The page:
The Two Noble Kinsmen/Prologue
- New Playes, and Maydenheads, are neare akin,
- Much follow’d both, for both much mony gi'yn,
- If they stand sound, and well: And a good Play
- (Whose modest Sceanes blush on his marriage day,
- And shake to loose his honour) is like hir
- That after holy Tye and first nights stir
- Yet still is modestie, and still retaines
- More of the maid to sight, than Husband’s paines.
- We pray our Play may be so; For I am sure
- It has a noble Breeder, and a pure,
- A learned, and a Poet never went
- More famous yet twixt Po and silver Trent.
- Chaucer (of all admir’d) the Story gives,
- There constant to eternity it lives.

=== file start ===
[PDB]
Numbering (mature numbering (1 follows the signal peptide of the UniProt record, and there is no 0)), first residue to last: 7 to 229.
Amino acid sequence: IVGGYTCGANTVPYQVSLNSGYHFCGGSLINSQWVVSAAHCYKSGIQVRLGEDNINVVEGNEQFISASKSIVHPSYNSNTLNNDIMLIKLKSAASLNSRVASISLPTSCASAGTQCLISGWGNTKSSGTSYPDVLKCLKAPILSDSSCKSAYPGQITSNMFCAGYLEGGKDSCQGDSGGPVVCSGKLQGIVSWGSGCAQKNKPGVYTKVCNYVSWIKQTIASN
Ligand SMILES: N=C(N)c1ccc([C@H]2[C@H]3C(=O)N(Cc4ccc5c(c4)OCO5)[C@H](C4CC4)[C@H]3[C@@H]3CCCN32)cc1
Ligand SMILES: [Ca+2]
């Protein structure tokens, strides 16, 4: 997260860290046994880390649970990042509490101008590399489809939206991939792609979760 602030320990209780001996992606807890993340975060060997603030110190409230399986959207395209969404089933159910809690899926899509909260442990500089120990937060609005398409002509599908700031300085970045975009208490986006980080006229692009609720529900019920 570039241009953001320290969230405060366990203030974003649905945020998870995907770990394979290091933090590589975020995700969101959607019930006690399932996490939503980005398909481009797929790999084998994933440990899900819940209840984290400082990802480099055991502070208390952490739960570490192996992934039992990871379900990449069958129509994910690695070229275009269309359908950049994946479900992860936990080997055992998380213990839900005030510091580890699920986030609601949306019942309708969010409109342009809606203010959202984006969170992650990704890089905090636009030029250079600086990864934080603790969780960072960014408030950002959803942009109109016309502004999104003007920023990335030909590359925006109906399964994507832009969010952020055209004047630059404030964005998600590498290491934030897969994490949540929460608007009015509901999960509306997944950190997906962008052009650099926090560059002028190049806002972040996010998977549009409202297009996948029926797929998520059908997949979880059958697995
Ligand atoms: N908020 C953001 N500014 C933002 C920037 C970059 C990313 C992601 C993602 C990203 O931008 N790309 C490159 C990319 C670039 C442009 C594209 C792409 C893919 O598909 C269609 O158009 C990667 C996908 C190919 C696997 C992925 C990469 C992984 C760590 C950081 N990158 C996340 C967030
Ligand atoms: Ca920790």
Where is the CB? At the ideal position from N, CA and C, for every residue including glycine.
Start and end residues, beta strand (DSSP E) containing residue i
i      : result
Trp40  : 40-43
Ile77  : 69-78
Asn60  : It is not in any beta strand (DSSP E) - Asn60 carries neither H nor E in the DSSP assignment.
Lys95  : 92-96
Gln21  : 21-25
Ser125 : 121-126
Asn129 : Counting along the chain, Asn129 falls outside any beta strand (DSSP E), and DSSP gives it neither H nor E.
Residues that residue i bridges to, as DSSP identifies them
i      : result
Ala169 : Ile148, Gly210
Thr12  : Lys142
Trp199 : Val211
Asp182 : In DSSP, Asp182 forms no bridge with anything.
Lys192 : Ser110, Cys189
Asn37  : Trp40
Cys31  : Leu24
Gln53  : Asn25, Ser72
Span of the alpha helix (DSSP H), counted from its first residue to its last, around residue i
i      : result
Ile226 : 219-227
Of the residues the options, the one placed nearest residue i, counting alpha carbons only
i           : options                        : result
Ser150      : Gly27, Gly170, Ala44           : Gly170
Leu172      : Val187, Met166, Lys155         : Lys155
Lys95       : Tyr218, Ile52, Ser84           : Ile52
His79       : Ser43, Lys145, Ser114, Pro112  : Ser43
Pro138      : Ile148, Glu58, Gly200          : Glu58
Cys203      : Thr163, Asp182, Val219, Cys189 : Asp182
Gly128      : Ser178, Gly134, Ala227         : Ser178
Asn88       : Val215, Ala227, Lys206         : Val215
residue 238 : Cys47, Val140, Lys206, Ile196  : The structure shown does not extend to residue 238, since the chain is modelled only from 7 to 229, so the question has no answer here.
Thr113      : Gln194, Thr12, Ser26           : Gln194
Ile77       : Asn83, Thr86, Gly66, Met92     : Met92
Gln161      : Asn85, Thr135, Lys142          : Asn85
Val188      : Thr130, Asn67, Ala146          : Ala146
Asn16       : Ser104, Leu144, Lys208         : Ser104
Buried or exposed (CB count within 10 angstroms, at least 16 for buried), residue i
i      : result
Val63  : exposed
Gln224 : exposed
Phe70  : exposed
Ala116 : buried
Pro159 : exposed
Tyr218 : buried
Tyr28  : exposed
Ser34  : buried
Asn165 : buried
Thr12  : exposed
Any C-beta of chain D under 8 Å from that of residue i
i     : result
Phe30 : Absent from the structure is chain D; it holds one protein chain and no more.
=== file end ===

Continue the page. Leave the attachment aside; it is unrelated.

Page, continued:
- If we let fall the Noblenesse of this,
- And the first sound this child heare, be a hisse,
- How will it shake the bones of that good man
- And make him cry from under ground, “O fan
- From me the witles chaffe of such a wrighter
- That blastes my Bayes, and my fam'd workes makes lighter
- Then Robin Hood!” This is the feare we bring;
- For to say Truth, it were an endlesse thing,
- And too ambitious, to aspire to him,
- Weake as we are, and almost breathlesse swim
- In this deepe water. Do but you hold out
- Your helping hands, and we shall take about,
- And something doe to save us: You shall heare
- Sceanes, though below his Art, may yet appeare
- Worth two houres travell. To his bones sweet sleepe:
- Content to you. If this play doe not keepe
- A little dull time from us, we perceave
- Our losses fall so thicke, we must needs leave.